Qualitative researchers work in government, healthcare, financial services, media, technology, consumer goods, B2B, and more. Learn more about social qualitative research careers in Canada below

1. Market Research

 Market research is the action of gathering, analyzing, and interpreting data about target customers or a target market. The data typically relates to a product or service and analyzes the past, present, and future customers of the specific product or service. 

 Market researchers help companies better understand their target customers’ preferences and needs and help businesses make informed decisions about developing, marketing, and distributing their products. This type of research can include interviews, observations, focus groups, surveys, and more. It also helps businesses connect with their audience, identify areas for growth, make data-driven decisions, and limit business risks.

2. Project Manager

 A project manager is responsible for the planning and execution of an entire research project. They are responsible for every aspect of the project, including managing the team, resources, scope, and more. They must handle the day-to-day management of the project and are responsible for ensuring that the project is delivered both on time and on budget.

When it comes to research, they ensure that all standards for recruitment are in line with the company's policies and processes.

 3. Policy Research

 A policy researcher conducts research and analysis to help develop and implement public policies. They provide policymakers with recommendations on how to alleviate a problem and how certain policies and practices may influence the population. They work in many different settings, including government agencies, consulting firms, and non-profit organizations. 

Policy research expands over a variety of issues and industries, including education, government, healthcare, criminal justice, and much more. They use research gathered from statistical analysis, reviews, interviews, and case studies to gather and analyze data. Once they gather the data, they provide policymakers with their findings and help them make informed decisions that will benefit society. They also use the data to better understand how policies affect certain members of society.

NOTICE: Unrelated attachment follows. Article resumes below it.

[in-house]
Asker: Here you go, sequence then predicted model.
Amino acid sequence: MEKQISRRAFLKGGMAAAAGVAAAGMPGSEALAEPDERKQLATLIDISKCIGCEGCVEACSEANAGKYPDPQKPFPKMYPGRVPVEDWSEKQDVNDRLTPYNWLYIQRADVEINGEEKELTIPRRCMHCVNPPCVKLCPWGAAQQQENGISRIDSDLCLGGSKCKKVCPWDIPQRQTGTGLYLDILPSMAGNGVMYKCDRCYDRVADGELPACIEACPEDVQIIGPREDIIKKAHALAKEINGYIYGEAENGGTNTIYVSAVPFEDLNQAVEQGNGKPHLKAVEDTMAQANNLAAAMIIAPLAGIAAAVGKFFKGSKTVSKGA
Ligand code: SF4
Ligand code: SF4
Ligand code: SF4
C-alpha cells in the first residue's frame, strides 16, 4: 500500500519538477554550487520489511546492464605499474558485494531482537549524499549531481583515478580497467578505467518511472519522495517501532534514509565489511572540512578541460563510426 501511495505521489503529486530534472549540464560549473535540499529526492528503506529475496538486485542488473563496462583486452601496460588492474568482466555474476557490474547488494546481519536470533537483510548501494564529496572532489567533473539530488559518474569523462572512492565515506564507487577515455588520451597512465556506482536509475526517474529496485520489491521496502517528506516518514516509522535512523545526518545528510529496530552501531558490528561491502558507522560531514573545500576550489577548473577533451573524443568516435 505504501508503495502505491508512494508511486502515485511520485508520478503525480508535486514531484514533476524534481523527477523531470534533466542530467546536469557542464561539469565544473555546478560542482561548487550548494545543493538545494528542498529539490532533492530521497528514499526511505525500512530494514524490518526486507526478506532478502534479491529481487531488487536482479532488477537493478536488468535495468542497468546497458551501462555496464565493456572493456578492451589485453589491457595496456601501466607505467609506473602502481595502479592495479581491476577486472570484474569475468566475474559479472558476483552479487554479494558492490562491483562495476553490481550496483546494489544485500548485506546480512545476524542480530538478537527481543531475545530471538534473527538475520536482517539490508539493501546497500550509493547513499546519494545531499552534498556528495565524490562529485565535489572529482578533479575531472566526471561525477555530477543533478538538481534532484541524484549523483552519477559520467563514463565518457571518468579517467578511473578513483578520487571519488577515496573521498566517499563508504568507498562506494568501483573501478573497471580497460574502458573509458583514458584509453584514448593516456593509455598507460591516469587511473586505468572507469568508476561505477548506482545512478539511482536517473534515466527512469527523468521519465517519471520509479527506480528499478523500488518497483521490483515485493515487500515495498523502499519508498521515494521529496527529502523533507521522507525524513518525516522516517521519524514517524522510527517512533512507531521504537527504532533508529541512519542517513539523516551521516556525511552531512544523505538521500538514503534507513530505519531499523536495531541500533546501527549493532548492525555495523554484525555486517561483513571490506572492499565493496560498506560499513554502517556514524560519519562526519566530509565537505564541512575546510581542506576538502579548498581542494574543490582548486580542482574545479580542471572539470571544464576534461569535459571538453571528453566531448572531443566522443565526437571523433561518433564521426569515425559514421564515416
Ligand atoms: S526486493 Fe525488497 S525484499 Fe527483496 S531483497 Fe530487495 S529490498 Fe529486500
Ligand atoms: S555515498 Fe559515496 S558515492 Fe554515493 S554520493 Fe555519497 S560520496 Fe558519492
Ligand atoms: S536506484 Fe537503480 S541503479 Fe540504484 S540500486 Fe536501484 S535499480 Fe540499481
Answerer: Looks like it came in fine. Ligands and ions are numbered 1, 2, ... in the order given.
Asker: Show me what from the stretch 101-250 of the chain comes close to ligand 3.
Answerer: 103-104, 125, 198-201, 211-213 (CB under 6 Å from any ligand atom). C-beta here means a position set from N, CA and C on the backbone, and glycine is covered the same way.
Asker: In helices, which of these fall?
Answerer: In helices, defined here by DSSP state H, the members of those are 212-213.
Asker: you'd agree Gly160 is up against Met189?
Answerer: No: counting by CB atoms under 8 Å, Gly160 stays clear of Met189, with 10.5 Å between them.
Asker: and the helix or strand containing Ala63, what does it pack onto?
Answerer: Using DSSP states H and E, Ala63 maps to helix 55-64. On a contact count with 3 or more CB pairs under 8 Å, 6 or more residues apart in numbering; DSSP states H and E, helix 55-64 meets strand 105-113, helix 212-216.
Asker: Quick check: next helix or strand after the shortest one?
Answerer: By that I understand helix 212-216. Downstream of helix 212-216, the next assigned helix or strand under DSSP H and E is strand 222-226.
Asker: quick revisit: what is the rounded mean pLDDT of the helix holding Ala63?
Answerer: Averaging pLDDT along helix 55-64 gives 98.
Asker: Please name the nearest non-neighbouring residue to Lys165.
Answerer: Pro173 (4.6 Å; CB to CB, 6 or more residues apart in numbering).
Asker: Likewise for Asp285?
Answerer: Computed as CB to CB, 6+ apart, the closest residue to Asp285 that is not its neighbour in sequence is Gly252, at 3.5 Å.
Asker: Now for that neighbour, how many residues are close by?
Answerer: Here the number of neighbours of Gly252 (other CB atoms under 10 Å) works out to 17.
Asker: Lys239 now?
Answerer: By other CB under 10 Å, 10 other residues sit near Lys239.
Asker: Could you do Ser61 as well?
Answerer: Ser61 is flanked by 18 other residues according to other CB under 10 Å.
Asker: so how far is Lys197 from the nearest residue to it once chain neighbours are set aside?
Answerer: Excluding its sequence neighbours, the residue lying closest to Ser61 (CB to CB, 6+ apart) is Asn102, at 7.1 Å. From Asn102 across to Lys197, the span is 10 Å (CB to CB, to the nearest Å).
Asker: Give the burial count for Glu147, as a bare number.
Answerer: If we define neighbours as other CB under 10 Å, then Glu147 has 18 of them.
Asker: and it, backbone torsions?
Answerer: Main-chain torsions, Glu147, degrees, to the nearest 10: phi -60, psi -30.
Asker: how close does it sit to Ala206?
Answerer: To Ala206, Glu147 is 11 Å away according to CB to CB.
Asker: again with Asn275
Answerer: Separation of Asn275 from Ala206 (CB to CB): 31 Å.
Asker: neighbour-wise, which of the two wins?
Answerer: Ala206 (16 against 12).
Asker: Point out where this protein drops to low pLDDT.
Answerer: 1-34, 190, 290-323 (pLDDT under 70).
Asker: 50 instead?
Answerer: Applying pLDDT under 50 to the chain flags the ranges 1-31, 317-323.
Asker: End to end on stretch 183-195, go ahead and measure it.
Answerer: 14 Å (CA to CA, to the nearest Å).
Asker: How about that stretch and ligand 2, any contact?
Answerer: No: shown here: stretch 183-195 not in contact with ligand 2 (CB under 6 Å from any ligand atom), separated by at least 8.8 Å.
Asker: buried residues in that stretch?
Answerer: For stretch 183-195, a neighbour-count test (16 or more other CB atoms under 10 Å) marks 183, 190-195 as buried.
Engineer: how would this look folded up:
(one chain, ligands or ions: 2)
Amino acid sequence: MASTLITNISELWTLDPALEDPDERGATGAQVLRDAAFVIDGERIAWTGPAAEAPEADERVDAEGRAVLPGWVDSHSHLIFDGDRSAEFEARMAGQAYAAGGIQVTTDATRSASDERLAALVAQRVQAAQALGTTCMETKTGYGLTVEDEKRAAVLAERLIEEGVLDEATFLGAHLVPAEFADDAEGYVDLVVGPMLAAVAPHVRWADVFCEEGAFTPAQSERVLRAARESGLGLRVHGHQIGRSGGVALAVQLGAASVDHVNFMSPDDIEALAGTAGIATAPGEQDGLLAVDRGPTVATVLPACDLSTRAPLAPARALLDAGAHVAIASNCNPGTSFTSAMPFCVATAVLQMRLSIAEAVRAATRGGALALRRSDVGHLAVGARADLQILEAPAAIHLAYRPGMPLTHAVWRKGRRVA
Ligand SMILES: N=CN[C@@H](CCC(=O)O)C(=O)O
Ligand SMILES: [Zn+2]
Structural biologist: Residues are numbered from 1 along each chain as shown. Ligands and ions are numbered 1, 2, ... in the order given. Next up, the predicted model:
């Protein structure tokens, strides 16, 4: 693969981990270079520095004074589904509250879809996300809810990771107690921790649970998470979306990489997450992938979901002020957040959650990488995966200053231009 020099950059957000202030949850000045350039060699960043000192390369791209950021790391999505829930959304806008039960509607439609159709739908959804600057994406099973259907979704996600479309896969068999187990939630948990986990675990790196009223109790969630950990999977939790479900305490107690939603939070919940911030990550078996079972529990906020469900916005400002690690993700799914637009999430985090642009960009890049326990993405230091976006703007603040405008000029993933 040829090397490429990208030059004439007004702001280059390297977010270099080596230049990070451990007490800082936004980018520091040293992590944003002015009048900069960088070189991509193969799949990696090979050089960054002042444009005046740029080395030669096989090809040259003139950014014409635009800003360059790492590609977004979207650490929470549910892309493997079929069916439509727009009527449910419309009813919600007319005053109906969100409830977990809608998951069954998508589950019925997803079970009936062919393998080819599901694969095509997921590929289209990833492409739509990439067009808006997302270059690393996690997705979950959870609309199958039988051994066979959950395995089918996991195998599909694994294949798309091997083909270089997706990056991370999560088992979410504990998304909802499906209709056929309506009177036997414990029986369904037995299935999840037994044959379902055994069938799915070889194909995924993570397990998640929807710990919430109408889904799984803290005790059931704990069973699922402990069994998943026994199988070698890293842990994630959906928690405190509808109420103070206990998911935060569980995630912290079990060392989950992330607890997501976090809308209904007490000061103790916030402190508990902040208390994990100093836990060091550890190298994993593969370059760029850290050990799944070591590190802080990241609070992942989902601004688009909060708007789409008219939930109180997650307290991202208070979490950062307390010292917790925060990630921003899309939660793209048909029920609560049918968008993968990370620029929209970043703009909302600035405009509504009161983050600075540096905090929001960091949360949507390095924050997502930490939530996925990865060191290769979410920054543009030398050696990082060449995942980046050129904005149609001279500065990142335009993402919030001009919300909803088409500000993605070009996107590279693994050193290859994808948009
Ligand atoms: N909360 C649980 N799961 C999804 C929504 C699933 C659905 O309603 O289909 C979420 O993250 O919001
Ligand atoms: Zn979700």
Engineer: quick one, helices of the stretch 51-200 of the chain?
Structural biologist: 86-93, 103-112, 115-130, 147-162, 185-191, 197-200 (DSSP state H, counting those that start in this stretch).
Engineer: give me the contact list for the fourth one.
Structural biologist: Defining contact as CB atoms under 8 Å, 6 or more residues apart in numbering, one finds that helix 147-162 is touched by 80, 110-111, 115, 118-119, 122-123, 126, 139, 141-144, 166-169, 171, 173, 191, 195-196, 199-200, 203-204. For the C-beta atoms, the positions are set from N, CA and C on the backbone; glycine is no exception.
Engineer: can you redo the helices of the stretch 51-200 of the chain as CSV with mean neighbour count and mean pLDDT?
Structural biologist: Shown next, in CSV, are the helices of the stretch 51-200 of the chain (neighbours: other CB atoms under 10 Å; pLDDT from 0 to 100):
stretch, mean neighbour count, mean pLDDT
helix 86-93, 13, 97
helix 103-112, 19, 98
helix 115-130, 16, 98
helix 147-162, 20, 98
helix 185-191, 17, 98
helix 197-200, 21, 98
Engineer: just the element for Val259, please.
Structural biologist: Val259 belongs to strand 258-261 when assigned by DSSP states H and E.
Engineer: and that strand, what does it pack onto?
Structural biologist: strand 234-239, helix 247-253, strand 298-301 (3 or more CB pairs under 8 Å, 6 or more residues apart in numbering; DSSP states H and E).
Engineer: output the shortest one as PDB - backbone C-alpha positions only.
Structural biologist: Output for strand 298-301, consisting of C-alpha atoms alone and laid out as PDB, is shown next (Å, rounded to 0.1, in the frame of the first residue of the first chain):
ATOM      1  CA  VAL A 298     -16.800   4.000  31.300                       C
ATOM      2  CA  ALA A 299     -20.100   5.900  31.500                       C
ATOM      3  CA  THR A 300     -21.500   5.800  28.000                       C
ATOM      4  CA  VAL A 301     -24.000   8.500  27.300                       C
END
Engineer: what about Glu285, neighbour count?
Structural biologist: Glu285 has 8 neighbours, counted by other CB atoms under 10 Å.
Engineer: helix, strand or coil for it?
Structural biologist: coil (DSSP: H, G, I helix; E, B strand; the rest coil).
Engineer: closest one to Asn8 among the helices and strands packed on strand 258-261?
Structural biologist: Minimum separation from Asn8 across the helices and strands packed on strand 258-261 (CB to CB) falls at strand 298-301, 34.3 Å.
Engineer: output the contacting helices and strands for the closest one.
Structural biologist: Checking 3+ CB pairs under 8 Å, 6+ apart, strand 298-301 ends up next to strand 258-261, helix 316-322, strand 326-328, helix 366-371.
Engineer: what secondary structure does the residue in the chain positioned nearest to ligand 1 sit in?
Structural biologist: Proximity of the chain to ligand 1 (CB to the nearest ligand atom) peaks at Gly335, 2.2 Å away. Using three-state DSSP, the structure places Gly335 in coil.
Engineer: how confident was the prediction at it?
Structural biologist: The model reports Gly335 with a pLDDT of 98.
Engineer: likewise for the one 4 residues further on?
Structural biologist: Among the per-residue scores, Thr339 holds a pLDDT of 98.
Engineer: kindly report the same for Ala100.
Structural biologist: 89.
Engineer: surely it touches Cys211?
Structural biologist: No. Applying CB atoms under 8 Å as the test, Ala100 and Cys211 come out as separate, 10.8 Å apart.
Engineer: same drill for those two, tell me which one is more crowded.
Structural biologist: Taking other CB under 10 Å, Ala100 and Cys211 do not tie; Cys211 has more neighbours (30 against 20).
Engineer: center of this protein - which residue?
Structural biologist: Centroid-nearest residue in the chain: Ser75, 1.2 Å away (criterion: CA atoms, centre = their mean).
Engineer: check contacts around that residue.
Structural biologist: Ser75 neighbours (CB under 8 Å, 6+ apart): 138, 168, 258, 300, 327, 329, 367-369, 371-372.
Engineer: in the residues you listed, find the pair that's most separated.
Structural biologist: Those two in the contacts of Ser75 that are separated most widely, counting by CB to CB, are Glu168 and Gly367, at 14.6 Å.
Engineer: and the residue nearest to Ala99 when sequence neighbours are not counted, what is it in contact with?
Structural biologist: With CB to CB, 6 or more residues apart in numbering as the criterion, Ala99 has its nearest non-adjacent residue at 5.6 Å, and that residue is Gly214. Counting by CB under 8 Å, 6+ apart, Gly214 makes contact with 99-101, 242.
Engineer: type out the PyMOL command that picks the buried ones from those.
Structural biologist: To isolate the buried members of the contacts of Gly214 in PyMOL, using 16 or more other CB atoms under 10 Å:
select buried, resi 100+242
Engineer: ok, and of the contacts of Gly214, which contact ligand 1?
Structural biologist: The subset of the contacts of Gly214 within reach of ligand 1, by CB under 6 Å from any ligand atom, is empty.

4. Sociologist  

 Sociologists use qualitative research methods to study human behavior and social interactions, including how certain social, economic, political, and religious groups behave. Sociologists study matters related to law, crime, wealth, poverty, and prejudice. They focus on studying societal issues that can help create positive change.

 Sociologists perform research to test theories related to social issues, collect and analyze data, and study the growth of different groups and their interactions with one another in society. They help lawmakers, social workers, and educators solve social problems. They also help formulate public policy.

5. Anthropologist

 Anthropologists use qualitative research methods to study human cultures, societies, and languages. They study human behavior and culture through a variety of methods, including archaeology and linguistic analysis. Their findings help them better understand the cultural diversity of humans and how we interact with one another. They also study how different cultures change and how society is organized.

 Anthropologists study the beliefs and practices of different cultures, biological characteristics of human populations, past human cultures, and the role language plays in society and culture. They typically work in government, universities, forensic science, museums, and more.

6. Economist 

 An economist studies theories based on economics. They research the relationship between resources and a society's production of them. This involves studying the production of goods, services, and resources.


Using this data, economists can draw conclusions about why consumers make certain decisions. They also interpret and forecast market trends and advise businesses and governments while recommending solutions to economic problems.

7. Political Scientist


A political scientist studies politics and government. They use various research methods to study political systems, policies, and behavior. Their research involves studying how societies are governed and how political power is exercised. They also study how policies are made and implemented and how society and groups interact with politics. Political scientists also consult on political issues and aid in the development and evaluation of public policy.

8. Historical Societies


Historical societies preserve and promote a community or region’s history. This often involves displaying and preserving historical items, artifacts, and documents in museums or other facilities. These societies also conduct research and publish articles and books on the history of a certain geographic area. They work to interpret and preserve a region’s history and educate the public about a region’s heritage, history, and identity.

In Summary

The above qualitative research careers are just a few examples of the many types of jobs that involve qualitative research. The requirements for each job vary depending on the level of education required, the field, and the employer. 

If you’re a qualitative researcher or are searching for qualitative analysis software to help you code qualitative data with ease, explore what LiGRE has to offer. Sign up for your free trial today! 

Enjoyed this article? Here are three more to help you better understand qualitative research and social sciences.